What time is it? Who’s time is it?

Published on August 23rd, 2017

God is the Alpha and Omega – timeless and eternal!  We on the other hand are all about time – governed by time, run by the clock and are clearly temporal when it comes to our everyday lives.

But what about church workers?  While we work in the church our work does not always fit with the secular concepts of schedule and work load.  This can be confusing to lay leaders in the Church and it can be confusing for us as well.  As I work with a great number of Church workers I discover that it is easy to fall into being workaholics and wanderers.

Workaholics often tend to or try to tend to everything and micromanage those around them.  Their lives are almost consumed with the needs of the church and they take little or no time for themselves or their families.  Sometimes they end up suffering with stress related depression, exhaustion, domestic strife, obesity, etc.  Not good of course, we need time to rest, re-create, fellowship, laugh and experience somethings outside of our work.

The other end of the spectrum finds those who “wander” with a non-committed schedule, watch the clock, feel oblivious to the clock and struggle with accountability.  These folks are hard to meet with, have unpredictable office hours and work to have the congregational schedule and calendar conform to their life rhythm and personal needs.  Not good of course, we need structure, accountability, predictability and “presence”.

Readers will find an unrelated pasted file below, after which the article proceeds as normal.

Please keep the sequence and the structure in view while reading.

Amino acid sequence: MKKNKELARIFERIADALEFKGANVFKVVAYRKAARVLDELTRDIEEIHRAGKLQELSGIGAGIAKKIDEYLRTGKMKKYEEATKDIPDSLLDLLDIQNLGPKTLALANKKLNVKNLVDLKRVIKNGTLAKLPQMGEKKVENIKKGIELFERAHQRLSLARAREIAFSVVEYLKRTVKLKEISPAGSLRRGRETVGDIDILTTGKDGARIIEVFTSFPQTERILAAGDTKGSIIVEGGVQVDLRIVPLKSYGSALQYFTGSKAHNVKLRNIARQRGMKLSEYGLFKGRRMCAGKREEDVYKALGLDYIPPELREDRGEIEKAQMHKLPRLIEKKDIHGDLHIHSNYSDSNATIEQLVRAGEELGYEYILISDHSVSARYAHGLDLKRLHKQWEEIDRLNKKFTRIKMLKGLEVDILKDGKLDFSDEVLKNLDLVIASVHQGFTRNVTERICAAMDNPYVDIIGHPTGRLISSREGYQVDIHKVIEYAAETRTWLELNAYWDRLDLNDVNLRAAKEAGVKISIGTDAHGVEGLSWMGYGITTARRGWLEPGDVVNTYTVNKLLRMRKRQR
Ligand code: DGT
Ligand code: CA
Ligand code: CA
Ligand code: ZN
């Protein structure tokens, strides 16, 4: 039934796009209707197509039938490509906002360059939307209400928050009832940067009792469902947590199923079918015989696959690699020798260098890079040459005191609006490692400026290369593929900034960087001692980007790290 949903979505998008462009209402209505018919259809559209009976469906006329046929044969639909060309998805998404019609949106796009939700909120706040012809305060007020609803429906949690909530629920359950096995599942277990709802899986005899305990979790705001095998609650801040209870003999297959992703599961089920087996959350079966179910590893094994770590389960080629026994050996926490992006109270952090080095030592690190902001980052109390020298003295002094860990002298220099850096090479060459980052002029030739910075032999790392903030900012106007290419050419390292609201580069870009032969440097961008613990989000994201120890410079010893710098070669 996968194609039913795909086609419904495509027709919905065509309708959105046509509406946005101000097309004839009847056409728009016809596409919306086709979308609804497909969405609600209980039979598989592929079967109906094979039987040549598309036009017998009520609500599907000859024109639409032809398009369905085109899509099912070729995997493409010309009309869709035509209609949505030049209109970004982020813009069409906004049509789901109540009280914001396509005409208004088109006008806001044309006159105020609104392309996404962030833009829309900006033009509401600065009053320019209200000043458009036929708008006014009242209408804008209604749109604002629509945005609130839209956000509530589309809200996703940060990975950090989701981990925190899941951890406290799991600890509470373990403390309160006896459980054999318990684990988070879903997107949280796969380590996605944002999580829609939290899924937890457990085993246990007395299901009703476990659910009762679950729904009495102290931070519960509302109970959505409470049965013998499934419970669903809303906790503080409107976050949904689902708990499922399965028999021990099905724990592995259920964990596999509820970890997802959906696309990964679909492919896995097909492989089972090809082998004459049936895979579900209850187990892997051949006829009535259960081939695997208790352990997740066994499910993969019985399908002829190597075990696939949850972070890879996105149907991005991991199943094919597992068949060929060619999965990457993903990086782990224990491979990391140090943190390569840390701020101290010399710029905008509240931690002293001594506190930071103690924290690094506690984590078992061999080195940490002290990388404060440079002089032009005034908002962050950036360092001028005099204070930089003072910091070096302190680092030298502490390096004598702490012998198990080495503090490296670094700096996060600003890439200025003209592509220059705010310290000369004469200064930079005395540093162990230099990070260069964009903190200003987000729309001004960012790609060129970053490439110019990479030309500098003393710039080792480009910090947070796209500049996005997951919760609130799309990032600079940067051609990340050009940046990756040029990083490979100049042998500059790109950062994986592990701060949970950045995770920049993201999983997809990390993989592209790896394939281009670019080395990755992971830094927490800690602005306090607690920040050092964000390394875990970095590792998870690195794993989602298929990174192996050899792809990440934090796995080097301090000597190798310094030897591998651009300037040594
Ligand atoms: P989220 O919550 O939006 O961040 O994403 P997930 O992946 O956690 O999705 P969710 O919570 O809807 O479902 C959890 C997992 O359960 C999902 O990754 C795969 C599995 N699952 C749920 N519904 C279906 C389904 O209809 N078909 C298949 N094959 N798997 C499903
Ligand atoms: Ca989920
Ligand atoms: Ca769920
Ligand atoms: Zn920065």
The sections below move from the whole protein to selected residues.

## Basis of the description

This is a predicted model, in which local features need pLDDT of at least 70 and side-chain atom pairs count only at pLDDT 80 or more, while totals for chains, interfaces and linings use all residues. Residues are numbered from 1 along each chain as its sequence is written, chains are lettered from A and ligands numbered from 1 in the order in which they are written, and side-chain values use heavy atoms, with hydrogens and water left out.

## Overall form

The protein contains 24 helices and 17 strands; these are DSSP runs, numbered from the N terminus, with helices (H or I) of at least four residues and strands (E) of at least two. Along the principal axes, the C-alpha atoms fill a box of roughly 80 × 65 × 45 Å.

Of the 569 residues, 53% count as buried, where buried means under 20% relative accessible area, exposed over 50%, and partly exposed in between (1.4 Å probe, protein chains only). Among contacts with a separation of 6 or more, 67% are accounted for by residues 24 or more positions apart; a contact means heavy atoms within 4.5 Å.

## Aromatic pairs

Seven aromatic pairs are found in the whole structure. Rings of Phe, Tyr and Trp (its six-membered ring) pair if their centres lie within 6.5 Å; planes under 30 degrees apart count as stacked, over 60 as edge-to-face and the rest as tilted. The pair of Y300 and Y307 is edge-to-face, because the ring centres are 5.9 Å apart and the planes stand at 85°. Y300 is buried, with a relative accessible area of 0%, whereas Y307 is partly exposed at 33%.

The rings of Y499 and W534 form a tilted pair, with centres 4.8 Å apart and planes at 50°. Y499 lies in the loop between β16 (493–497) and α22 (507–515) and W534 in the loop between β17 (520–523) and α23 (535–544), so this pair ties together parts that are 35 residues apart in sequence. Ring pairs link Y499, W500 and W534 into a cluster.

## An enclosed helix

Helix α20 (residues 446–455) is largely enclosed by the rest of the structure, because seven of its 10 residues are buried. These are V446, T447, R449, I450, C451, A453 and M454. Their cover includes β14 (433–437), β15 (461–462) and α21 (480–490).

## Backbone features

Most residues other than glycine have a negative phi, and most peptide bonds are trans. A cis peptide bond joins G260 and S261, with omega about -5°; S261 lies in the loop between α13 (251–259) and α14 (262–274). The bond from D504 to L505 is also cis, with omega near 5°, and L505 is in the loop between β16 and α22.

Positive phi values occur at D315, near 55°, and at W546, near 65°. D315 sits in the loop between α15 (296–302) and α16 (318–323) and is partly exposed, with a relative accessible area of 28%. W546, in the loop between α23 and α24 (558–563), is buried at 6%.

When we understand that time is God’s gift, we have professional responsibilities and accountability we work with the congregational leaders to develop a healthy schedule that fulfills our personal and family needs as well as the needs of the congregation.  Our work is not a 40 hour deal.

A number of years ago I attended a conference for pastors.  The speaker asked those who felt they were over worked to raise their hands.  Most did.  Then came the shocker, he said, “I seriously doubt that most of you can show me that you actually do 40 hours of productive work.  Goofing around on the computer, idle reading, chatting with co-workers, driving around town, slow motion hospital visits and fiddling with insignificant tasks cannot be counted as productive work.”  He then asked, “How many of you consider yourselves “on call” 24 hours a day?”  Again many raised their hands.  He went on to ask us to write down the number of middle of the night calls we had in the past year. Zero to few was the general response.

Sometimes I hear the comment, “Our pastor needs a rest – he is always so tired.”  If you hear that schedule a vacation – take a day off and make sure you are getting rest and exercise!  Other times I hear, “Our pastor is in great shape, really buff and rested but he is never in the office.  He says we can call him if we need him.”  If you hear that post a schedule of office hours and follow it “religiously”.

Balance is not easy to achieve, but it essential for you and your congregation to be healthy!  If this seems too hard, talk with other professional people in the congregation for ideas and help.  Or call our office and we will be glad to help.